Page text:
(Image Credits: Andrew Collins)

Racing cars in Mexico is fun, it’s exciting, it’s hard work, and sometimes it burns so badly it’ll leave you sobbing in a bathroom begging for death. And I’m not talking about the Montezuma’s Revenge—or at least not just that.


Last weekend I jumped into the Baja 500 with car 722’s team, slapped a big “JALOPNIK” sticker on the bedside and taunted industry Goliaths we were going up against in the desert race.

I was worried about the section I’d be navigating, which included almost 100 miles of technical rock-crawling and would probably take place at night.

Well, apparently my concern was unfounded because as anyone who followed the race will already know, we got forked. Our race car broke, and so did a lot of hearts. And wallets.

And no, it’s no consolation whatsoever that some of Baja’s heroes, including Red Bull driver Bryce Menzies and Monster Energy driver BJ Baldwin couldn’t make it through the race, either. Even the Toyota factory team we were competing against got a DNF and Honda’s Ridgeline got mud-bogged, lost an alternator, and ended up third-in-class.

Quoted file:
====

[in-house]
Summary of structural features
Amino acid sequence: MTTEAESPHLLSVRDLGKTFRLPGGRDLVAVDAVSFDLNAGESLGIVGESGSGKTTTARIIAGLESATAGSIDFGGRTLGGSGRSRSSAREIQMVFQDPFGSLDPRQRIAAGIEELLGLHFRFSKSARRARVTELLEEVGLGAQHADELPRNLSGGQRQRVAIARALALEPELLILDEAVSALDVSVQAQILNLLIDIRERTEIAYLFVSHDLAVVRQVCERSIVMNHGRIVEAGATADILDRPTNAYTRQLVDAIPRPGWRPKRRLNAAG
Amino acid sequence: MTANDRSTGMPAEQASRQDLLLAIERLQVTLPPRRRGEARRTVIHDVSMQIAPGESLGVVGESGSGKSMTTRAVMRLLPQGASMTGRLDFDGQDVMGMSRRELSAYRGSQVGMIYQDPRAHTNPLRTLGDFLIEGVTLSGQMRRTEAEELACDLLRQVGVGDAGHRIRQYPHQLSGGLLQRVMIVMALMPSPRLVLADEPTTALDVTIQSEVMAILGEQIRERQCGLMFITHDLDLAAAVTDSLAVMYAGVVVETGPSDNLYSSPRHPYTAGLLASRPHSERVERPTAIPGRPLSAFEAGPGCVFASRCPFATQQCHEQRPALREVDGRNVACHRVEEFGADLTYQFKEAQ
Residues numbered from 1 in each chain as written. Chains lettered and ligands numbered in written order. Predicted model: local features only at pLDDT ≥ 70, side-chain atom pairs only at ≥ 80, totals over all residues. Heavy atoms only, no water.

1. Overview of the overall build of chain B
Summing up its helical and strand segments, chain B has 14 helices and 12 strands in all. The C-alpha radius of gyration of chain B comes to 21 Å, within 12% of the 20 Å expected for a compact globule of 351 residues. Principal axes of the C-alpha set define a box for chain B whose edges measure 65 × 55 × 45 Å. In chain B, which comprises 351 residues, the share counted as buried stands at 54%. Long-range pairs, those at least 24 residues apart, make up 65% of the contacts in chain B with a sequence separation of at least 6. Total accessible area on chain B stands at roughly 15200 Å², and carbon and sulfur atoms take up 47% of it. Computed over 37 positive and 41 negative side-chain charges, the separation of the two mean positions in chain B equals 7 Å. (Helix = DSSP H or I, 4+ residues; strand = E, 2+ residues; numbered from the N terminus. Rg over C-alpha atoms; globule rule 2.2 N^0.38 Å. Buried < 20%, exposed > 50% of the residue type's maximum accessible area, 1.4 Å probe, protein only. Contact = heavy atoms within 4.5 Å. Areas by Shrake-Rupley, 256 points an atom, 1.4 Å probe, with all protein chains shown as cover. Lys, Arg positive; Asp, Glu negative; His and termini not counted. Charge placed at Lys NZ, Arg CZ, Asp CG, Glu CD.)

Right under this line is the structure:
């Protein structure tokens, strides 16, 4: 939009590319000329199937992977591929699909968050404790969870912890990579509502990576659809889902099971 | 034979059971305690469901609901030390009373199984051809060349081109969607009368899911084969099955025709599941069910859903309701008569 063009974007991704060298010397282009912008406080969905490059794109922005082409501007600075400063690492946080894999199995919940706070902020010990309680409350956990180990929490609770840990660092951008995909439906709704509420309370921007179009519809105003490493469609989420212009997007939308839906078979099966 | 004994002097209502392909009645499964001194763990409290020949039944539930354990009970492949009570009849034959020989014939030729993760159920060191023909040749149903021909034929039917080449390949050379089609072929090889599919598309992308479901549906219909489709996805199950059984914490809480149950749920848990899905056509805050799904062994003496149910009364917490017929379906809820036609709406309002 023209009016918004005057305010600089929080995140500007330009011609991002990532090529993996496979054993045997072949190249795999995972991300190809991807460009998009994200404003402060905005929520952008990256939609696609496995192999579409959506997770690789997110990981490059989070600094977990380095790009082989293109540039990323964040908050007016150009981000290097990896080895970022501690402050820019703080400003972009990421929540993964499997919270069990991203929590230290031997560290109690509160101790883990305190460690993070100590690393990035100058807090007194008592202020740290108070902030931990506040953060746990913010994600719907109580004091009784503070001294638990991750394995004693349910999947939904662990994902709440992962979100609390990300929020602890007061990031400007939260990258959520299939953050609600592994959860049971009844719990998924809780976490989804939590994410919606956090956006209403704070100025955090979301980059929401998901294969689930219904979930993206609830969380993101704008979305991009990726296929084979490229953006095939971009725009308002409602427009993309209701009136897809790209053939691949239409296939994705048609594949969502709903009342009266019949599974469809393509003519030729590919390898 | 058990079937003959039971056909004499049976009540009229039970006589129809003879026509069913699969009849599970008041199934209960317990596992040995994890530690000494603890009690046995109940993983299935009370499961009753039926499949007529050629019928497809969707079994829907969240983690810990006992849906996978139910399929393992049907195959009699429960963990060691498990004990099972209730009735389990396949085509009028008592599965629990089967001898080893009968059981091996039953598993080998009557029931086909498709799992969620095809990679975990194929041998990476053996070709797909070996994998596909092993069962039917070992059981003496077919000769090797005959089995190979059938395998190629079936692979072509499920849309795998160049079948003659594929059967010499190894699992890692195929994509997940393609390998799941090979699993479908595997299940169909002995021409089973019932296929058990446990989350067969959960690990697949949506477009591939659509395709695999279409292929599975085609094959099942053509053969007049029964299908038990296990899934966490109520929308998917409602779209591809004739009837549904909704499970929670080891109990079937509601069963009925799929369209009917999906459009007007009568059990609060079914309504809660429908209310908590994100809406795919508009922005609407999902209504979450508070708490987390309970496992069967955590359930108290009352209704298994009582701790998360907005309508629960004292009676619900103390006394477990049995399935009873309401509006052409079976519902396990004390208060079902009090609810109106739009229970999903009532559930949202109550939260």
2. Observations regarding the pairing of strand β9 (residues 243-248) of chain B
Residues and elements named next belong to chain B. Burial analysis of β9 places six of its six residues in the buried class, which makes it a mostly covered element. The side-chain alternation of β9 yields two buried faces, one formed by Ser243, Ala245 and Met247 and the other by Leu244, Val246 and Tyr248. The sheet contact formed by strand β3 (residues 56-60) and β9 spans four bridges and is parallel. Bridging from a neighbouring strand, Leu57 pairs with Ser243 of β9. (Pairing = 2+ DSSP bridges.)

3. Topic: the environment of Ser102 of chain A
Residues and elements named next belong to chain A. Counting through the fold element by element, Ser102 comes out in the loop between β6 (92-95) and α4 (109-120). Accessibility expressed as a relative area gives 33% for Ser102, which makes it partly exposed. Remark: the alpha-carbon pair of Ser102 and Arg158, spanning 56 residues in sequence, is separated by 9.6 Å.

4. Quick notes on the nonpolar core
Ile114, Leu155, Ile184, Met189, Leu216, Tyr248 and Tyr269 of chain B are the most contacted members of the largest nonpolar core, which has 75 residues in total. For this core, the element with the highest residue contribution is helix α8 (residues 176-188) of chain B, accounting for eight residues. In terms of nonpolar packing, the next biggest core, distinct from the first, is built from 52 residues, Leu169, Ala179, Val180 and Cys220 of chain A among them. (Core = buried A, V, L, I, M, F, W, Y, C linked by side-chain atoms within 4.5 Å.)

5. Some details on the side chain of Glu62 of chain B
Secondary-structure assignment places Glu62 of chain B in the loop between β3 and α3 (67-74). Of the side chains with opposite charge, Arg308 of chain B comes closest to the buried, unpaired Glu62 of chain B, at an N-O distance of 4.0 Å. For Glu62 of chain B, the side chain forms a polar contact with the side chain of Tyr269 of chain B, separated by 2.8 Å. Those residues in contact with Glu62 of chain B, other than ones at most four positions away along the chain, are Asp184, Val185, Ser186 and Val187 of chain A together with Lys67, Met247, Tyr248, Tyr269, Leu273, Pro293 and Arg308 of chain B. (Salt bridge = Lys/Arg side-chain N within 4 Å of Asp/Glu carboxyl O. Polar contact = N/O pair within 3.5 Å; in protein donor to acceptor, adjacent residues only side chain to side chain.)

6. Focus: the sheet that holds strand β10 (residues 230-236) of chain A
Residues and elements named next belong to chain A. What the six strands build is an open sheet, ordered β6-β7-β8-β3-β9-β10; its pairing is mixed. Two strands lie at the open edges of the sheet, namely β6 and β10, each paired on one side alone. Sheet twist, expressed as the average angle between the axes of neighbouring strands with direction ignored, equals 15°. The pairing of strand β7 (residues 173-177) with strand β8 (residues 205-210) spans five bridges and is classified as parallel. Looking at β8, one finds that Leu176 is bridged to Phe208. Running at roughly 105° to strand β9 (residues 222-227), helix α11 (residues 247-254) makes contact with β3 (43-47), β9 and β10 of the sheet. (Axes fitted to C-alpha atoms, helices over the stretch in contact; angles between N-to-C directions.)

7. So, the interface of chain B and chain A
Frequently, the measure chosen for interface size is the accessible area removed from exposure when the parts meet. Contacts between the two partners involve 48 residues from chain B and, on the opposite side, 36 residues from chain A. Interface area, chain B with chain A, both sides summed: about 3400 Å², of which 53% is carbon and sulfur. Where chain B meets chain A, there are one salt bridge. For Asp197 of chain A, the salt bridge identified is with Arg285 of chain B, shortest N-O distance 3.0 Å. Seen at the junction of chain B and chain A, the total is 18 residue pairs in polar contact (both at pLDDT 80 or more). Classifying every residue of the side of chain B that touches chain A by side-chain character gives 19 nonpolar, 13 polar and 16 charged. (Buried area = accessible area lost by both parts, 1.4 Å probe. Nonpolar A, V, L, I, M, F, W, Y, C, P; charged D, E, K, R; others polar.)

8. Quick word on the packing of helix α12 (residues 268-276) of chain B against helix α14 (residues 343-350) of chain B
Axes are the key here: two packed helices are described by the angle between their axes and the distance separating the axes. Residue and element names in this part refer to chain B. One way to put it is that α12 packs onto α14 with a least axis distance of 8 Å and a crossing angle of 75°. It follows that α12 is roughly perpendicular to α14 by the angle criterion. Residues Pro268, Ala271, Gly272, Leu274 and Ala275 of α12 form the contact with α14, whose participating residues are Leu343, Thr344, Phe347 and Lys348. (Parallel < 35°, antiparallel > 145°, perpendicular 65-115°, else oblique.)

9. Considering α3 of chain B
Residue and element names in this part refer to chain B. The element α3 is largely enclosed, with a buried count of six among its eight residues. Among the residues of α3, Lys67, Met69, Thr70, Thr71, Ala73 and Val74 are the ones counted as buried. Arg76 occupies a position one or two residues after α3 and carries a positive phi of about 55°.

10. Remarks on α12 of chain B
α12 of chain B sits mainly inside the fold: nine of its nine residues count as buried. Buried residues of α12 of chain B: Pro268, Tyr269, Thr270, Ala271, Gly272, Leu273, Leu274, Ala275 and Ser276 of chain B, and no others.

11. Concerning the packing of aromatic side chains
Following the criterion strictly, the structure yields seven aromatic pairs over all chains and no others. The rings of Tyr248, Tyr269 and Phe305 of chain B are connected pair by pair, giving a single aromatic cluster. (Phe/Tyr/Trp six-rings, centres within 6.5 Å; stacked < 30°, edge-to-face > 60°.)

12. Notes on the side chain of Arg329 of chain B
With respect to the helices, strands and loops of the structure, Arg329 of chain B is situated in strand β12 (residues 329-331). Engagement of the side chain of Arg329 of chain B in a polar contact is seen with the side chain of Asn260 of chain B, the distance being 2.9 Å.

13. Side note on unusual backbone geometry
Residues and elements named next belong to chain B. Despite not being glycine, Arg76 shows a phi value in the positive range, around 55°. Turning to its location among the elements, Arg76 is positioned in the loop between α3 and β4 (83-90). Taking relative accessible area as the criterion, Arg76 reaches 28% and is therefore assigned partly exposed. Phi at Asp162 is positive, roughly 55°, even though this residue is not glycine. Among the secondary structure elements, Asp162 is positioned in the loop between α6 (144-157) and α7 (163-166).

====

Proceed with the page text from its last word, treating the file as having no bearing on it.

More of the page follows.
Subaru’s “CrossTrek,” the company’s first factory-backed Baja racer, also dropped out of the race after killing a clutch trying to get unstuck somewhere north of Race Mile 80. I watched that sweet-looking thing get dragged off the course by some fans in a stock Wrangler and man, I was bummed.


There’s a bigger story behind every DNF, and you’re going to get every painful ounce of ours when El Rey Network’s coverage of the 2017 Baja 500 goes live in a few weeks.

After that, our quest becomes one of redemption at the Baja 1000 in November. Uh, I mean, at least that’s what I sure fucking hope.

Reviews Editor, Jalopnik | 1975 International Scout, 1984 Nissan 300ZX, 1991 Suzuki GSXR, 1998 Mitsubishi Montero, 2005 Acura TL

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